Originally published in the St. Francis Newsmagazine for May 2019
There is a wonderful old hymn in the Lift Every Voice and Sing hymnal called “He Lives!” Composed by Alfred H. Ackley, it was published in 1933. We sang it on Easter Sunday as our Gospel hymn, and it made me smile. It has a lively and cheerful melody, and it truly expresses the joy that I feel in my heart every Sunday, especially during the Easter season.
I serve a risen Savior, he’s in the world today; I know that he is living, whatever others say;
I see his hand of mercy, I hear his voice of cheer, And just the time I need him, he’s always near.
He lives, he lives, Christ Jesus lives today! He walks with me and talks with me along life’s narrow way. He lives, he lives, salvation to impart!
You ask me how I know he lives? He lives within my heart.
I’ve always enjoyed a good “gospel” hymn, and our LEVAS hymnal has many great ones from which to choose, a good many of which are traditional Negro spirituals. It turns out that Mr. Ackley was a gifted cellist and talented composer who wrote more than 1,500 secular and sacred songs in his 73 years! He was also an ordained Presbyterian minister who served congregations in Pennsylvania and, towards the end of his life, in California. Some of his hymns were used in the famous Billy Sunday revivals.
Music is one of several ways that I connect with God on a deeper level, and it is a very important part of my spiritual life. Most people have one or two favorite hymns that touch them deeply. Some are connected to sadness and loss, bringing back poignant memories of a loved one. Quite frequently, people tell me that a certain hymn moved them to tears “because it was my mother’s favorite” or “We sang that at my dad’s funeral and I always think of him when I hear it.”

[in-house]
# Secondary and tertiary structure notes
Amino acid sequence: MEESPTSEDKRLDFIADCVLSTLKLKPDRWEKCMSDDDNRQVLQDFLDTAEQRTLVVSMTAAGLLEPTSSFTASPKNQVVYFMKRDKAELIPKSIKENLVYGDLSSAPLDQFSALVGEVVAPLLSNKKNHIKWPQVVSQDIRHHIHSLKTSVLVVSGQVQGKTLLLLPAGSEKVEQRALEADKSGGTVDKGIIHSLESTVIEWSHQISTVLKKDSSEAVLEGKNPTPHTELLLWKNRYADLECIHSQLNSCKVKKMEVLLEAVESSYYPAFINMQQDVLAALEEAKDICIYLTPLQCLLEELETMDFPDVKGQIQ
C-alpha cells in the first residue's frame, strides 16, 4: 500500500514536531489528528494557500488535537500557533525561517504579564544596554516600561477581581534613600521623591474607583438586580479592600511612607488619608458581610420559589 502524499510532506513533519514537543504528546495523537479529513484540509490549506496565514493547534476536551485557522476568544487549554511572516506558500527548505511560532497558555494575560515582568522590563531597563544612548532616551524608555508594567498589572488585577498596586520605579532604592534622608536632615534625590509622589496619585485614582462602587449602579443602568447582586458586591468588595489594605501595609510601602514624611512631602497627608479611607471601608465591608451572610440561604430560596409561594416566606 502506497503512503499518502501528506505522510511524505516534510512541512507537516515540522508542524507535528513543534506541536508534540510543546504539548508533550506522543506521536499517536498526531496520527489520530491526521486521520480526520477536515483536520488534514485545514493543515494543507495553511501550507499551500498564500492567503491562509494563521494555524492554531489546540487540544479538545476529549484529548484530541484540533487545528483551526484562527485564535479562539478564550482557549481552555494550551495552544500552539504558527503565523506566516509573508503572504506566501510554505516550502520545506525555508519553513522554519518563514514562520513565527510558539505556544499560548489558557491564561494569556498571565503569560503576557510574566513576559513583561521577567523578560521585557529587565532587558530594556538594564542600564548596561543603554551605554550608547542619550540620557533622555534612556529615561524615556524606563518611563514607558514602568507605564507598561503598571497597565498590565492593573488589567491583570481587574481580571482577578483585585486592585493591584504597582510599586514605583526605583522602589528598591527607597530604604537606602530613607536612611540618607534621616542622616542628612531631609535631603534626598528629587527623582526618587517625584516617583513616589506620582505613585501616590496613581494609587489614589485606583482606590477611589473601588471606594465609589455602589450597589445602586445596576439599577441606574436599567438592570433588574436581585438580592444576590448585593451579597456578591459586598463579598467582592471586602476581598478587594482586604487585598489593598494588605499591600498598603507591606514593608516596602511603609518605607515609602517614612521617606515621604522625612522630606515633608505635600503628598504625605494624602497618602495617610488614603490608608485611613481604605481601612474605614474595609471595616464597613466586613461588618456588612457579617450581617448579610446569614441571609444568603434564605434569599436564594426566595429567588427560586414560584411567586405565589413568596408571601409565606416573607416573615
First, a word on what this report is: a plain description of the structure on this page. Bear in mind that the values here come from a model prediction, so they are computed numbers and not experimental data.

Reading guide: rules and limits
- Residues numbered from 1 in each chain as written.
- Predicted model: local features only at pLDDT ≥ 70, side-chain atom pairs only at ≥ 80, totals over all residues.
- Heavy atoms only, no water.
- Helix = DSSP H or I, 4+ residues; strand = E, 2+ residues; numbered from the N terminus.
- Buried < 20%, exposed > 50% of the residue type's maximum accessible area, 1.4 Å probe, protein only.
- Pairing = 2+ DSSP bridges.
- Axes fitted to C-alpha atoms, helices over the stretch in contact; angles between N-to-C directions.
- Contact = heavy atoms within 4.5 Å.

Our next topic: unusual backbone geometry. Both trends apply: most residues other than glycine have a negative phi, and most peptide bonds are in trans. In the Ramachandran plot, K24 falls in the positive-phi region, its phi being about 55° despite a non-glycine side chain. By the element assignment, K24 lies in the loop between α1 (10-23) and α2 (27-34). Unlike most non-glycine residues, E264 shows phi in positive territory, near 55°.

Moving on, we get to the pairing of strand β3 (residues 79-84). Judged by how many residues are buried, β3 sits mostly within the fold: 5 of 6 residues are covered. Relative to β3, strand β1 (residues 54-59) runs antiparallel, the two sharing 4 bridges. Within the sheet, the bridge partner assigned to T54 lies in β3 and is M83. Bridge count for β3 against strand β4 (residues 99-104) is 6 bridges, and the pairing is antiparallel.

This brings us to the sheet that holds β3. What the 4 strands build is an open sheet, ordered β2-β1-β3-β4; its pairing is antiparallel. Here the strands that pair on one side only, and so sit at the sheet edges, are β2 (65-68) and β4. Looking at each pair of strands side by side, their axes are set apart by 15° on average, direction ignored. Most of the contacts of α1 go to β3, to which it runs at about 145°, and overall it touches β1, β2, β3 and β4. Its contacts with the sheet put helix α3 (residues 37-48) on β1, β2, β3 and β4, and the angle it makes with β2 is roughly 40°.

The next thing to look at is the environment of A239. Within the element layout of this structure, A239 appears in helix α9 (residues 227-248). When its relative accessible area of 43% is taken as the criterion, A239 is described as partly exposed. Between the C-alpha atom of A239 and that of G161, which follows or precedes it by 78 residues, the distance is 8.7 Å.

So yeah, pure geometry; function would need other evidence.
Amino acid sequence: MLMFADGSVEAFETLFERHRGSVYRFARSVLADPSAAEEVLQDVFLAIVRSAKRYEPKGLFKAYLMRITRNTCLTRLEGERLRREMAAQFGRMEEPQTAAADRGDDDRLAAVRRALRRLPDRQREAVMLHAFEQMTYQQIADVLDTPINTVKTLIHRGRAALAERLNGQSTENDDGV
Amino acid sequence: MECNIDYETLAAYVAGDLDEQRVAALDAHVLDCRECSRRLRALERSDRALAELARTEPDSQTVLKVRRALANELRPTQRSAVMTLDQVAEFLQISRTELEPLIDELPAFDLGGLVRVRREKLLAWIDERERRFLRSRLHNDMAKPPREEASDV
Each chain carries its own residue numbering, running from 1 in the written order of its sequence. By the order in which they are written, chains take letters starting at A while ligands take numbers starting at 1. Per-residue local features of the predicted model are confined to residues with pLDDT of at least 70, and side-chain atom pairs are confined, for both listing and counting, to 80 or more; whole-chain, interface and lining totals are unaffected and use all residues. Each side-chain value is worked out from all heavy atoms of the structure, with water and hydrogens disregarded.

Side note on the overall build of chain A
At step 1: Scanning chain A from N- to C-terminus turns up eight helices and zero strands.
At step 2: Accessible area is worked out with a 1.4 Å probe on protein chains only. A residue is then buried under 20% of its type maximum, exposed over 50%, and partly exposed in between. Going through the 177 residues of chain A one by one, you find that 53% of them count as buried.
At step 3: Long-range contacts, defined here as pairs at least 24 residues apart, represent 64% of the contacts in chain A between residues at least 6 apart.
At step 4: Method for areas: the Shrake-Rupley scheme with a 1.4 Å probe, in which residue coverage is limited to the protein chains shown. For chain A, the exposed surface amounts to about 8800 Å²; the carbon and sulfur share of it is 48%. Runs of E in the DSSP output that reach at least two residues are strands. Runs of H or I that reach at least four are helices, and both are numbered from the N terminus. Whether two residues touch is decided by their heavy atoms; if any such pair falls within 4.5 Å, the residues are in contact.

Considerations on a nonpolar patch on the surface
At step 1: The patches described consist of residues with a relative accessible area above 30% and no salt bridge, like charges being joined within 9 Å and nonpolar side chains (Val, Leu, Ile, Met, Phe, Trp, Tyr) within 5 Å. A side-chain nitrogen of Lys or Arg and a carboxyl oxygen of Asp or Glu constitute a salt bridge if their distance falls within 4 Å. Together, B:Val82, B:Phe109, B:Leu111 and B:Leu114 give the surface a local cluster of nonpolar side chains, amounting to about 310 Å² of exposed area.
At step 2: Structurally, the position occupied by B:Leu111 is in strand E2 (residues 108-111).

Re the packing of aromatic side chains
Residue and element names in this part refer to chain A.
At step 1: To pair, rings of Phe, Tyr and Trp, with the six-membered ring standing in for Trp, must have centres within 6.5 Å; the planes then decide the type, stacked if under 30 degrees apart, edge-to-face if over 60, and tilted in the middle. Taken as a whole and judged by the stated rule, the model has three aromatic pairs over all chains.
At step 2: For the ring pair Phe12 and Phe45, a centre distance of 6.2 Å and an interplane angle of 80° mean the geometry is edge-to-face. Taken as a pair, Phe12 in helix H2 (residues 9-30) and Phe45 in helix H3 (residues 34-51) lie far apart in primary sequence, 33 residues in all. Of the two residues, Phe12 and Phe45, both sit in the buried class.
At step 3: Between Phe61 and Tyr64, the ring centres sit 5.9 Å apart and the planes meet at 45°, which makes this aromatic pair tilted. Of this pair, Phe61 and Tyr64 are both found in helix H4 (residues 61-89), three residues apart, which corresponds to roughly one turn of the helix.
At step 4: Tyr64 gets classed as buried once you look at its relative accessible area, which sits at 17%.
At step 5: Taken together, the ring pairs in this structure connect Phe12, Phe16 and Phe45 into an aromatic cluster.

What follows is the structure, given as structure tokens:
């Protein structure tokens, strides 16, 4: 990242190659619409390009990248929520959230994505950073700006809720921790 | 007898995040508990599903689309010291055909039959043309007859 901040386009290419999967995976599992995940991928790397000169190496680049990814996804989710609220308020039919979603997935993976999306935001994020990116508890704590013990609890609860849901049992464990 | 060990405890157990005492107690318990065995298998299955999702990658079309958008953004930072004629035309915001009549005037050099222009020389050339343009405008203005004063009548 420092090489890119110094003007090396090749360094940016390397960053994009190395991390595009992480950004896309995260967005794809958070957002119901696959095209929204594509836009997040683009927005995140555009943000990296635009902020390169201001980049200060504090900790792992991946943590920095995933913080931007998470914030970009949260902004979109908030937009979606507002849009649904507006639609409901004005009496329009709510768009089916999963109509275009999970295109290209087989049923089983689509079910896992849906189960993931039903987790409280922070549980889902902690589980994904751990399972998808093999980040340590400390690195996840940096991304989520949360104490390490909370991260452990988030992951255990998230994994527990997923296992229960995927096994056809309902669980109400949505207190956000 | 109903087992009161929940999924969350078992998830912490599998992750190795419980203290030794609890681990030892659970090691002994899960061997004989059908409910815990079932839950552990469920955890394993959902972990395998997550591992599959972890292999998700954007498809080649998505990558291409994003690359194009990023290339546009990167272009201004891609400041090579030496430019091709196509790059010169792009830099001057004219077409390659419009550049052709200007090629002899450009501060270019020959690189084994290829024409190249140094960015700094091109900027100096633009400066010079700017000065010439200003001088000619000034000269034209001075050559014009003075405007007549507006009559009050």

Shortly after I graduated from seminary in 2006, I went on a ten day trip with other students to explore mission work in the Los Angeles area. We were allowed to choose where to worship on the two Sundays we were there, and we had to attend at least two different services each day. Some of us went to the Crystal Cathedral, where the music was astonishingly good but frustrating to listen to. The massive choir would sing a wonderful anthem such as How Great Thou Art but only sang two verses. Why? Because they had to allow time for commercial breaks because the service was televised live! The whole experience felt contrived. (The Crystal Cathedral, founded by Pastor Robert Schuller in the 1950’s, went bankrupt in 2012 and was sold to the Roman Catholic Diocese.)
By contrast, visiting First African Methodist Episcopal Church in L.A. was an awe-inspiring experience. The music was exciting and energetic, and I will never forget watching a petite woman in her 80’s singing a wonderful gospel hymn, “You can’t hurry God; you just have to wait” while she literally danced up and down the main aisle of the packed sanctuary, as we all clapped and danced in the pews. Remembering that day still gives me goosebumps.
But the most memorable worship experience I had was on the second Sunday, when I attended All Saints Episcopal Church in Beverly Hills. After experiencing worship in many different contexts, coming “home” to that familiar Holy Eucharist Rite II service was so emotional, I found myself in tears every time we sang a hymn. I still don’t know why it moved me so much, but I suspect that since it was early in May, we were still singing those lovely Easter hymns which are some of my favorites. The fact that I had finally finished a challenging Master of Divinity program while fighting for my right to be a priest in a diocese that did not allow women’s ordination may also have had something to do with my emotions. Hearing the rector of All Saints, The Rev. Carol Anderson, preach that day, I was sure, more than ever, that I was on the right track.
One of the reasons I enjoy singing “He Lives!” so much is because I first heard it sung enthusiastically, a cappella, by an elderly priest who was serving as an interim at St. Dunstan’s in Modesto. Like many of my favorite hymns, this one does not need a 300-member choir with a full orchestra, or a massive pipe organ, or even a piano to get the message across, although Phil’s brilliant accompaniment makes it so much better! I always thing of “Fr. Mac” when I sing it, and hope that wherever he is now, he is doing well and still singing:
Rejoice, rejoice, O Christian, lift up your voice and sing
Eternal hallelujahs to Jesus Christ, the King!
The hope of all who seek him, the help of all who find,
None other is so loving, so good and kind.
He lives! Thanks be to God!